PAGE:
There are really two types of gas tankless water heaters: condensing and non-condensing. The non-condensing models are usually less efficient and across all manufacturers have around 0.8 EF The condensing models are about 10% more efficient with around 0.9 EF rating.
EF or Energy Factor is the measurement of the energy efficiency of a water heater. The higher the EF of a water heater, the more efficient it is
If the unit has EF 0.8 and we translate it into dollars, that would mean that for every dollar of gas you put into the unit, $0.8 are going to be transferred into the hot water, and 20% is going to be lost in the atmosphere due to inefficiency. Keep in mind that with the tankless water heater, we do not have stand-by losses.
They’re only going to heat up when the faucets are opened and there’s flow through the unit, which means it’s calling for hot water. If you compare this to the traditional tanks, tankless water heaters are also 15%-20% more efficient than a standard tank-type unit. So you’d ask, why would I choose a non-conditional tankless water heater over the conditional one? Let’s look at the pros and cons of each type.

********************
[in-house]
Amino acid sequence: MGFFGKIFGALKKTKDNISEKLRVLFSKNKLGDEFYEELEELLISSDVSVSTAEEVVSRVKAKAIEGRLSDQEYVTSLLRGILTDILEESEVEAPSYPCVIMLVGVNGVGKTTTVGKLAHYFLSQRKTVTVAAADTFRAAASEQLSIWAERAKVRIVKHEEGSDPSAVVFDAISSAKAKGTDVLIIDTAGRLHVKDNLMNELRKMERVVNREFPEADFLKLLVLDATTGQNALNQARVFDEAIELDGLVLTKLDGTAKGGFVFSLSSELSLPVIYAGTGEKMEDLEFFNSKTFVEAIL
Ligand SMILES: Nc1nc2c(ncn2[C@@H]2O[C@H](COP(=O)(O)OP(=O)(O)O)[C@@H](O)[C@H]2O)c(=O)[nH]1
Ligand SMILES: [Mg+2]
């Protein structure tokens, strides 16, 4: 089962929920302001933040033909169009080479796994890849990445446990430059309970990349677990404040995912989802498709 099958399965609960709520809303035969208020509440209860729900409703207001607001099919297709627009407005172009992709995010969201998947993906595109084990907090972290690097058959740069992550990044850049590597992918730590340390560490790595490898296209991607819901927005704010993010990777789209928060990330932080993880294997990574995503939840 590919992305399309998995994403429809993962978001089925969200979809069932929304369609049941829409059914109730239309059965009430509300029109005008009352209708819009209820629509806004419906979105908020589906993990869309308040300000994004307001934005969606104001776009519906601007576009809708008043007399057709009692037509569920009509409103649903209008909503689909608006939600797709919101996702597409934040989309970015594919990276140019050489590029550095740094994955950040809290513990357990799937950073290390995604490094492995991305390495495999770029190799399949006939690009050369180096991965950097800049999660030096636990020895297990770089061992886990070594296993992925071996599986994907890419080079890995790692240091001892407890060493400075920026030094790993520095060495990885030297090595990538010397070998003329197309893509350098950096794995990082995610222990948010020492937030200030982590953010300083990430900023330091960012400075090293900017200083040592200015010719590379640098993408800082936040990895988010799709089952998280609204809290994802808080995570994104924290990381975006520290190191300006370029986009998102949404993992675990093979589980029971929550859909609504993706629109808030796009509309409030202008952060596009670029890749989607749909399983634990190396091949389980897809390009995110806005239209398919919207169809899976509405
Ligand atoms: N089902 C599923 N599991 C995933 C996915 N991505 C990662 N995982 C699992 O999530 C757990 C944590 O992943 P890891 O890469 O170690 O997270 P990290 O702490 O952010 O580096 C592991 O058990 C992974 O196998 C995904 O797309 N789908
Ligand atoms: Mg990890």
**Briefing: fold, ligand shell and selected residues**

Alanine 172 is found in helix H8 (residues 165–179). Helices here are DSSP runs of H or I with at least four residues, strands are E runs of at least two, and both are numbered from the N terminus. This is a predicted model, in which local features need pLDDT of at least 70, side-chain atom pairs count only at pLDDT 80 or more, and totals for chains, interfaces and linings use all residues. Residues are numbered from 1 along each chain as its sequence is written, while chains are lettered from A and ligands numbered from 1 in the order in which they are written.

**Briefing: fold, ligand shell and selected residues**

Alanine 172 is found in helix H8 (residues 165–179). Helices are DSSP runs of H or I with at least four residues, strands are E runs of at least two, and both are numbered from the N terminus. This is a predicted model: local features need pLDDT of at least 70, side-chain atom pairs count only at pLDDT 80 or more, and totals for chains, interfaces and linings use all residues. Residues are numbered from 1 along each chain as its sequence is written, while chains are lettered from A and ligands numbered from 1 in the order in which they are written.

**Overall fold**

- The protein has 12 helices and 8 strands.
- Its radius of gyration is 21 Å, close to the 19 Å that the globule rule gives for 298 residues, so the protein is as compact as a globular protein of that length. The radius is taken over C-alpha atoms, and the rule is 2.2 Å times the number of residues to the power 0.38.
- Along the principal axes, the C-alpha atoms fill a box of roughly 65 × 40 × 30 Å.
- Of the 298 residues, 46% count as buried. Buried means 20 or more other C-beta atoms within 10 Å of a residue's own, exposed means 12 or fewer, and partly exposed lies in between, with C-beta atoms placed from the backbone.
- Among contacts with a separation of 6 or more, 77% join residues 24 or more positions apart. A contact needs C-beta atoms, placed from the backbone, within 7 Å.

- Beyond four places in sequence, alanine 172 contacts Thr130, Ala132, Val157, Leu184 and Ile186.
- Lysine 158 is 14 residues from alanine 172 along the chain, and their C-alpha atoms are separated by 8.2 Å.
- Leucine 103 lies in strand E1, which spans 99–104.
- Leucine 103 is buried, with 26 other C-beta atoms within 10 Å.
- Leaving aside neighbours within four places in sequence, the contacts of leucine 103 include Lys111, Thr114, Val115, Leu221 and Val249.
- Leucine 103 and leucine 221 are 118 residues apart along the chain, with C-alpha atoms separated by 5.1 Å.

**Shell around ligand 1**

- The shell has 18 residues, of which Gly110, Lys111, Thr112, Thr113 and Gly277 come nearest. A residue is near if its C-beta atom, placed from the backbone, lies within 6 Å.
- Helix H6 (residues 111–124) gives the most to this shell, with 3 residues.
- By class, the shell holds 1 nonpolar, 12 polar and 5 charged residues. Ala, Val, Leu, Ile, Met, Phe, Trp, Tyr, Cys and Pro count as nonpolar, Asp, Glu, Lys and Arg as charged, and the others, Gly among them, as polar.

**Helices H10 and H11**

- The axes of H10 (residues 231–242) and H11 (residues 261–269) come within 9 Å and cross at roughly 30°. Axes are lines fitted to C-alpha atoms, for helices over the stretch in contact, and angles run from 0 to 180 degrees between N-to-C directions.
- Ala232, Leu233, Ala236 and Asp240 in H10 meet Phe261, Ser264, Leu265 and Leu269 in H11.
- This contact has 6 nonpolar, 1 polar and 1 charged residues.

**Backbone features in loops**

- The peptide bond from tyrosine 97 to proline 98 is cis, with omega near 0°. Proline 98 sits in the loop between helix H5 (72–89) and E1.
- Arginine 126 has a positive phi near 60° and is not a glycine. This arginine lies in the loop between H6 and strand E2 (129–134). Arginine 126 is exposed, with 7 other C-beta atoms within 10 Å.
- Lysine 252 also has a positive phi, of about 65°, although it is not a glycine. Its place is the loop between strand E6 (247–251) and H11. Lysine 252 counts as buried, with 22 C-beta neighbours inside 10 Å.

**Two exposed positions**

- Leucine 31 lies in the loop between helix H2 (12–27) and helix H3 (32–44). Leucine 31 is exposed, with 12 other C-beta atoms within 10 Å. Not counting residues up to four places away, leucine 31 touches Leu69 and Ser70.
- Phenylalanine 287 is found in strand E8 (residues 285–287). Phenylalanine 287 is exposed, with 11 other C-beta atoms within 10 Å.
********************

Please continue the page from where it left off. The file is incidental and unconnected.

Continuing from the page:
Non-condensing tankless water heaters
They are based on very old, proven, and mature technology. They have fewer parts involved, there’s less to go wrong with them. It also costs less initially to install the non-condensing unit. And you don’t really have to worry about disposing of the condensate.
But there are also some downsides. Especially with the units for indoor installation. They require a stainless steel vent pipe. Because the condensation that might occur in the pipe is very acidic and because the flue gases are pretty hot (up to 300 degrees) you’ve got to use expensive piping.
Condensing tankless water heaters
Now with the condensing models, you don’t have this problem. The pipes are going to gather water. And as it gathers water and condenses that water, that’s how it rings out the extra efficiency. But it also means that it has to have a place where it can drain to. The big beauty of the condensing tankless water heaters is that you can vent with PVC pipes. You can plug in a standard and inexpensive PVC in the air intake.
The gas that’s going to come out of the heater is only 100 degrees, so you can use a standard PVC pipe on the air exhaust too.
So condensing water heaters are more efficient and PVC venting can be a big deal. Because you can seal around the heater. It’s very good from the air sealing standpoint because it means you can mount a heater in a laundry room or in the basement.
You just plug in the pipe, spray foam and caulk around that and seal it really well so that it doesn’t have any air leakage.